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I have an implementation of alpha-shape below. My goal is to compute the polygons for a list of alphas but do it as fast as possible.

LineProfiler showed that almost all of the time is spent in list(polygonize(m)). Since each alpha (in descending order) would add edges I figured I could polygonize in an iterative fashion to save time.

def alpha_shape(points, alphas):
    """
    Compute the alpha shape (concave hull) of a set
    of points.
    @param points: Iterable container of points.
    @param alpha: alpha value to influence the
        gooeyness of the border. Smaller numbers
        don't fall inward as much as larger numbers.
        Too large, and you lose everything!
    """

    if len(points) < 4:
        # When you have a triangle, there is no sense
        # in computing an alpha shape.
        return geometry.MultiPoint(list(points)).convex_hull
    coords = np.array([point.coords[0] for point in points])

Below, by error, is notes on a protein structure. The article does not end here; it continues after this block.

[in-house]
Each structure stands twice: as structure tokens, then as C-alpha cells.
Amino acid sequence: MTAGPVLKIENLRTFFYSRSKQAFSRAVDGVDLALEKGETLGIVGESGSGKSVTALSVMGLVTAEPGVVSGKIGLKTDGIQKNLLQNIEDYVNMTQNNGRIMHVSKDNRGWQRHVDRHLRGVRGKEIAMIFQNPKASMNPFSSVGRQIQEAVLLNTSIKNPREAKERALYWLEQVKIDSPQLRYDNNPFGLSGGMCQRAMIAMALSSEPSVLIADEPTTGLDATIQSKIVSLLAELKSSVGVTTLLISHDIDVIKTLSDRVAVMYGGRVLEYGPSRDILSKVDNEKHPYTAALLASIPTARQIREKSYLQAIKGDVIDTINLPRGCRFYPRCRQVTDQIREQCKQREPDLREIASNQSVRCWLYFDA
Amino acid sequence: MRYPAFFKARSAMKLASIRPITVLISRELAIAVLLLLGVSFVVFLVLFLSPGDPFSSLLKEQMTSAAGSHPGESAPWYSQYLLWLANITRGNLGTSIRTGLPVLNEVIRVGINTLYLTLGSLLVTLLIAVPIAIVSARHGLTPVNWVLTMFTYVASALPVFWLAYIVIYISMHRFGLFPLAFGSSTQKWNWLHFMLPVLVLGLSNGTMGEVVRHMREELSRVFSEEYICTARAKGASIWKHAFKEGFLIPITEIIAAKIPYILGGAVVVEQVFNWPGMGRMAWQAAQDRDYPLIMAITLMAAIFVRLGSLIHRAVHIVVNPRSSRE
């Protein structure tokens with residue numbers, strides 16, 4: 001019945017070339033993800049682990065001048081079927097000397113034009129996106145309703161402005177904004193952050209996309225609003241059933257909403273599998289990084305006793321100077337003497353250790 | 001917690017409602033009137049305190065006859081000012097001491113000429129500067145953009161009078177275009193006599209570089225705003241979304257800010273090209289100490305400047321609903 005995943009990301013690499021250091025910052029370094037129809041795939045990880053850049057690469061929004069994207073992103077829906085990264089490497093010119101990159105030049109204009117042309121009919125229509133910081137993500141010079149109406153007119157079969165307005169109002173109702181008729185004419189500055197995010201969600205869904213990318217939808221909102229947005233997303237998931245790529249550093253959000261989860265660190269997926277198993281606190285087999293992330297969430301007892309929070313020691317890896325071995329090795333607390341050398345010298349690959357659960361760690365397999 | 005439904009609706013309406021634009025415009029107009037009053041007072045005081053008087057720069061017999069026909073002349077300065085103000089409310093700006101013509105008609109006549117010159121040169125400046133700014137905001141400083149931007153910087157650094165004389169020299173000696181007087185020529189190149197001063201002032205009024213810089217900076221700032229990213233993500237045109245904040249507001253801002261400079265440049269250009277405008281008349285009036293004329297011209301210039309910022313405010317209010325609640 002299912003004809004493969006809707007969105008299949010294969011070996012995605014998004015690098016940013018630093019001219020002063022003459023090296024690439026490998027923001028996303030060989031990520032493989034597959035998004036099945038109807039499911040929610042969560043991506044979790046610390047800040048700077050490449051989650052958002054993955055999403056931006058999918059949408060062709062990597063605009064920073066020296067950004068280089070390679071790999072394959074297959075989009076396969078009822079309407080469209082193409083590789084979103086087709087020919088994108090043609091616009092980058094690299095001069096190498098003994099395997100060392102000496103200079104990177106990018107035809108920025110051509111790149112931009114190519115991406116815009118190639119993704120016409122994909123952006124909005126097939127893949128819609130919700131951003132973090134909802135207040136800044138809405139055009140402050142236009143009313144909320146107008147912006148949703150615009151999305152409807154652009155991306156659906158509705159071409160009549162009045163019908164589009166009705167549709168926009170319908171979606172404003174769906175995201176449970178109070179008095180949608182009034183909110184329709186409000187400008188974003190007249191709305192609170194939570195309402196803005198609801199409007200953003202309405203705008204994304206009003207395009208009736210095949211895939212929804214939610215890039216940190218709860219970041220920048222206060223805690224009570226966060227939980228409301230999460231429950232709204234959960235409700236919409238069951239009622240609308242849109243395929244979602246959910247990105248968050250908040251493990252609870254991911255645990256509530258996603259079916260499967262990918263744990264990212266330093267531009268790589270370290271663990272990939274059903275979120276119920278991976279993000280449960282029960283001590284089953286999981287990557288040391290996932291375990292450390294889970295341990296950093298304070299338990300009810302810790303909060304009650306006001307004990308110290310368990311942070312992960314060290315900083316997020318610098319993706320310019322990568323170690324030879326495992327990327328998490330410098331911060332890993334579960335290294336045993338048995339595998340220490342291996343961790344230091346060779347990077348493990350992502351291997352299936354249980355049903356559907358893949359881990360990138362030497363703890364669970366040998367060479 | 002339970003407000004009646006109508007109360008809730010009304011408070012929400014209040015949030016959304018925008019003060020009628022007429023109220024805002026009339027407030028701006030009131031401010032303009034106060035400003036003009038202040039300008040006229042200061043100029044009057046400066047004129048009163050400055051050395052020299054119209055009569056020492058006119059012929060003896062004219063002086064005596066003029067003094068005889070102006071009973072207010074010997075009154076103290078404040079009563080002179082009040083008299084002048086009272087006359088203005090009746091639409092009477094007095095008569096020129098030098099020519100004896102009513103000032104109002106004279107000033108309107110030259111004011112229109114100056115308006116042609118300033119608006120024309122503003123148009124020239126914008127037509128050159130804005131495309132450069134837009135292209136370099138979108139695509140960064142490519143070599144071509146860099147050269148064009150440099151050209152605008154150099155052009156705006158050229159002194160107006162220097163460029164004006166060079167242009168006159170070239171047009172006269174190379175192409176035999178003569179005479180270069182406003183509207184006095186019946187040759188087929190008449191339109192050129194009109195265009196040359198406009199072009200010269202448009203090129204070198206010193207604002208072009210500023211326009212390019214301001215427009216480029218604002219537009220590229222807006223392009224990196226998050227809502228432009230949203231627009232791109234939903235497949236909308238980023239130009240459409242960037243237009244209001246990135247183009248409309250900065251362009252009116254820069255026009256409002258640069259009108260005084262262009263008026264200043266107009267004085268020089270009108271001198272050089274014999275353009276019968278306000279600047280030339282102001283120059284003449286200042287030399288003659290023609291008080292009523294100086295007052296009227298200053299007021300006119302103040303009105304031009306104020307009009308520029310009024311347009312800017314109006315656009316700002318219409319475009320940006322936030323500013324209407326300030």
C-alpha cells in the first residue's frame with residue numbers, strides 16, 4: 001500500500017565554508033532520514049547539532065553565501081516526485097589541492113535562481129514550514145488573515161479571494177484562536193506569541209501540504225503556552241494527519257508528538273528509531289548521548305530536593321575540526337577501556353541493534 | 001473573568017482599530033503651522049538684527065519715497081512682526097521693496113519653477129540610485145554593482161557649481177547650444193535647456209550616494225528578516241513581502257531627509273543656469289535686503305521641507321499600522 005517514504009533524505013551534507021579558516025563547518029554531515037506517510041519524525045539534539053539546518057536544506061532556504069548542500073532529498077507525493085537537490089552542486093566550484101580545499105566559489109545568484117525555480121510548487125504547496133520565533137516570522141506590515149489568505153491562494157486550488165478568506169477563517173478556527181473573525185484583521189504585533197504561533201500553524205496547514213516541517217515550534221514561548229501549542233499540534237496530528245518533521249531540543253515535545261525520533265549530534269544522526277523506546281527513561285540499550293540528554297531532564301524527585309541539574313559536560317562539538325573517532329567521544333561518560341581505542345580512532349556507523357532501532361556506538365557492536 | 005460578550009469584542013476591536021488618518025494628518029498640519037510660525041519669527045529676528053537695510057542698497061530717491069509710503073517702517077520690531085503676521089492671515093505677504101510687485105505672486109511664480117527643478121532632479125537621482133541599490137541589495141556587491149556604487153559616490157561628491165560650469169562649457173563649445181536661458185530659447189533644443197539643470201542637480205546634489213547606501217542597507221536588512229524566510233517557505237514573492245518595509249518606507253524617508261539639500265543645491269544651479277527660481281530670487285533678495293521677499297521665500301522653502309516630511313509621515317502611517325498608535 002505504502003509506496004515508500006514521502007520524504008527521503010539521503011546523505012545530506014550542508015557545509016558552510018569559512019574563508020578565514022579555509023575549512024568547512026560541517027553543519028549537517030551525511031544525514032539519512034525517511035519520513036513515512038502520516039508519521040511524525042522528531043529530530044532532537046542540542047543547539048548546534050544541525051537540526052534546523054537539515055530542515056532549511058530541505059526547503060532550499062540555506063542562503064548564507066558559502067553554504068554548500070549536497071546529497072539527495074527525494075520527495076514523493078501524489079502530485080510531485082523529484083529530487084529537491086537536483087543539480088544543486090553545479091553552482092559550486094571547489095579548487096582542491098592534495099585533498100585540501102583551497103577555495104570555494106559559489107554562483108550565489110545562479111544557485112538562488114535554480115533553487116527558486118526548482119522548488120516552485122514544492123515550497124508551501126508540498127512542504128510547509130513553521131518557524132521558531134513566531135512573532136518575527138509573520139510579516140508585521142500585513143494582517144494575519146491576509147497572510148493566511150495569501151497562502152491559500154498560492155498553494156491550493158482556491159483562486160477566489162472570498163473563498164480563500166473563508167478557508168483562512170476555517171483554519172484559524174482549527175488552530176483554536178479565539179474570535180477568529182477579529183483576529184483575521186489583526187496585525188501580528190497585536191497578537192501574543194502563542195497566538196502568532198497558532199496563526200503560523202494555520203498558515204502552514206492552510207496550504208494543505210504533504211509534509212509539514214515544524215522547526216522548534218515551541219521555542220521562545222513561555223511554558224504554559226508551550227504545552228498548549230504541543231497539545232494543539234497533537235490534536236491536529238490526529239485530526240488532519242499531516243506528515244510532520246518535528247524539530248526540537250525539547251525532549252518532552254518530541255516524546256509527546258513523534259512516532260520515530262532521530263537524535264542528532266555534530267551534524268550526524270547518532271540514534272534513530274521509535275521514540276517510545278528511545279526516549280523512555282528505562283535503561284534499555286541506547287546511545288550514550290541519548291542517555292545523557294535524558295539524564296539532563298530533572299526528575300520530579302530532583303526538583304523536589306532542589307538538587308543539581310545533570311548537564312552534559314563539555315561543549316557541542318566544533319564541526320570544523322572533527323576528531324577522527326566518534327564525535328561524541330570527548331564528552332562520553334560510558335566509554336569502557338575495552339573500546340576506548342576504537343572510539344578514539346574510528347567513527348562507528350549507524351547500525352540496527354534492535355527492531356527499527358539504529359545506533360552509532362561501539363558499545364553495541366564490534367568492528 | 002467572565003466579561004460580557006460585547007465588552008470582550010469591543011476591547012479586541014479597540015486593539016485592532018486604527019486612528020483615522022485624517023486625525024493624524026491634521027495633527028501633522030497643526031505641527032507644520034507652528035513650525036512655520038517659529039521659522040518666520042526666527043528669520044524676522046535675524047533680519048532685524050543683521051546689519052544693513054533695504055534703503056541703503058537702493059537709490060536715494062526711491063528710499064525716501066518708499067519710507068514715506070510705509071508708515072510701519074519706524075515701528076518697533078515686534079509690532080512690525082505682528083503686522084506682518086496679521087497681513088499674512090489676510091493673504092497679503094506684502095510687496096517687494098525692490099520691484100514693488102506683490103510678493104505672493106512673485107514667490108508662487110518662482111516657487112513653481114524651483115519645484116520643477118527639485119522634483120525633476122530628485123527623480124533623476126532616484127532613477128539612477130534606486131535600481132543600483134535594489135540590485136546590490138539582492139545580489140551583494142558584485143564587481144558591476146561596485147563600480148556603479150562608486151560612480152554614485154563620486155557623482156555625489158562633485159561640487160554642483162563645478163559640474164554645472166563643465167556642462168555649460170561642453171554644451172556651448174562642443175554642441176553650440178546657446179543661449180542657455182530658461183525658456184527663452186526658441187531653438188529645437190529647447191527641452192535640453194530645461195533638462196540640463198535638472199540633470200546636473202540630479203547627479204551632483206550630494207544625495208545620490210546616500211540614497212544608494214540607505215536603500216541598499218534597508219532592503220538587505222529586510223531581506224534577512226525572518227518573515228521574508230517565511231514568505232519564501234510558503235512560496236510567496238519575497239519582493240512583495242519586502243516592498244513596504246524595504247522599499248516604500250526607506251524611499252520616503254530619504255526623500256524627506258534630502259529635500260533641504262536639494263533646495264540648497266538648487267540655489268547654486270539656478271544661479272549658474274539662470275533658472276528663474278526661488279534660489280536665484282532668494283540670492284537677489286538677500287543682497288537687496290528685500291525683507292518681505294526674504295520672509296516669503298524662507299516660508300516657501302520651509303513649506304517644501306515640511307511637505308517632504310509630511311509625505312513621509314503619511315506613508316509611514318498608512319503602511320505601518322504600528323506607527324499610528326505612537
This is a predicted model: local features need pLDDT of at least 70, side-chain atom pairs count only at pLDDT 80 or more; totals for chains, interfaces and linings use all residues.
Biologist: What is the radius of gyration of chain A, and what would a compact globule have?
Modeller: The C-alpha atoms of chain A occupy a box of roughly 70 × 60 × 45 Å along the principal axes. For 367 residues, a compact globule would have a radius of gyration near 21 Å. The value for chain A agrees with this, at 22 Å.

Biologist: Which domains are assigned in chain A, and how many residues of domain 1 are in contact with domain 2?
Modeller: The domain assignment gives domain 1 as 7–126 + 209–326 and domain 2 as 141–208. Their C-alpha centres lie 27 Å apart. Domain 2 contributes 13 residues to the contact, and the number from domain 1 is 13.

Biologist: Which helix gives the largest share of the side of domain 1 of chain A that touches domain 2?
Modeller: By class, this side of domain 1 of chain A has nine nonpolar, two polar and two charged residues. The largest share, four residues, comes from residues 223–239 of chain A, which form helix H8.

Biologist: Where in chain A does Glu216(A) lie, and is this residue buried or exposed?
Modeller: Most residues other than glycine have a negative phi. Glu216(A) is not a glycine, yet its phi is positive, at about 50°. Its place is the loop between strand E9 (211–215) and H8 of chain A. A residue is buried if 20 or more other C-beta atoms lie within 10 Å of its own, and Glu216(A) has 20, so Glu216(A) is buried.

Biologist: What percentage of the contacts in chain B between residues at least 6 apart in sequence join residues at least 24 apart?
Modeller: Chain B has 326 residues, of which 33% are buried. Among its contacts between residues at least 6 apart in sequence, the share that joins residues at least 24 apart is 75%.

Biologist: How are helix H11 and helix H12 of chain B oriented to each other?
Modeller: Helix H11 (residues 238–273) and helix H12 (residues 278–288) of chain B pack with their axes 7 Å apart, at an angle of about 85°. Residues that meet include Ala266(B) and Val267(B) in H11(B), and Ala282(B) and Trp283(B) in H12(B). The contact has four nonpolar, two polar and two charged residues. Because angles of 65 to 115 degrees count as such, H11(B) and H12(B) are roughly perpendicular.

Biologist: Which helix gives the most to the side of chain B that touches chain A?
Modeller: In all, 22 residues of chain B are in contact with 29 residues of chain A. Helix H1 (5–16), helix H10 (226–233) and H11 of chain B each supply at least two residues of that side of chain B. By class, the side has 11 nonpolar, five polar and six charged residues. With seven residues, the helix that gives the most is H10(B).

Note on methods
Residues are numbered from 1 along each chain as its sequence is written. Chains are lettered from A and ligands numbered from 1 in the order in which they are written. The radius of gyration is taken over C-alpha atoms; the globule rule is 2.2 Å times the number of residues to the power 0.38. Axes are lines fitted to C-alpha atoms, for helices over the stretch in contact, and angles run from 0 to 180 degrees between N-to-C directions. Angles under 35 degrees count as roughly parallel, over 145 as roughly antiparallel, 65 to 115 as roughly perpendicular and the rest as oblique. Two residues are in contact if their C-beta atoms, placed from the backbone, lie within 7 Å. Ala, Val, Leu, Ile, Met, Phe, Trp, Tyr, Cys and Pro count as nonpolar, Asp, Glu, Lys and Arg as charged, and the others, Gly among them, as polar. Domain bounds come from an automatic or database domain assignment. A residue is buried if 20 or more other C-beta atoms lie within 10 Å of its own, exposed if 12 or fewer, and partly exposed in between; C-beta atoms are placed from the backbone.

tri = Delaunay(coords)
    og_triangles = coords[tri.vertices]
    a = ((og_triangles[:, 0, 0] - og_triangles[:, 1, 0]) ** 2 + (og_triangles[:, 0, 1] - og_triangles[:, 1, 1]) ** 2) ** 0.5
    b = ((og_triangles[:, 1, 0] - og_triangles[:, 2, 0]) ** 2 + (og_triangles[:, 1, 1] - og_triangles[:, 2, 1]) ** 2) ** 0.5
    c = ((og_triangles[:, 2, 0] - og_triangles[:, 0, 0]) ** 2 + (og_triangles[:, 2, 1] - og_triangles[:, 0, 1]) ** 2) ** 0.5
    s = (a + b + c) / 2.0
    areas = (s*(s-a)*(s-b)*(s-c)) ** 0.5
    circums = a * b * c / (4.0 * areas)

    alpha_polygons = {}
    alphas.sort(reverse=True)
    for alpha in alphas:
        filtered = og_triangles[circums < (1.0 / alpha)]
        edge1 = filtered[:, (0, 1)]
        edge2 = filtered[:, (1, 2)]
        edge3 = filtered[:, (2, 0)]
        edge_points = np.unique(np.concatenate((edge1, edge2, edge3)), axis=0).tolist()
        m = geometry.MultiLineString(edge_points)

        triangles = list(polygonize(m))
        polygons = cascaded_union(triangles)
        if type(polygons) == shapely.geometry.Polygon:
            # In case it's just one polygon, this puts it in a list anyway
            alpha_polygons[alpha] = [polygons]
        else:
            alpha_polygons[alpha] = polygons
    return alpha_polygons

If I do something naive like the following it generates a few more polygons than if you do it all at once together.

list(polygonize(m[:10000])) + list(polygonize(m[10000:]))

I think what we're basically trying to do is polygonize a set of lines, and then add lines from there but end up with the same result as if we had polygonized all the lines at once. Is this possible?

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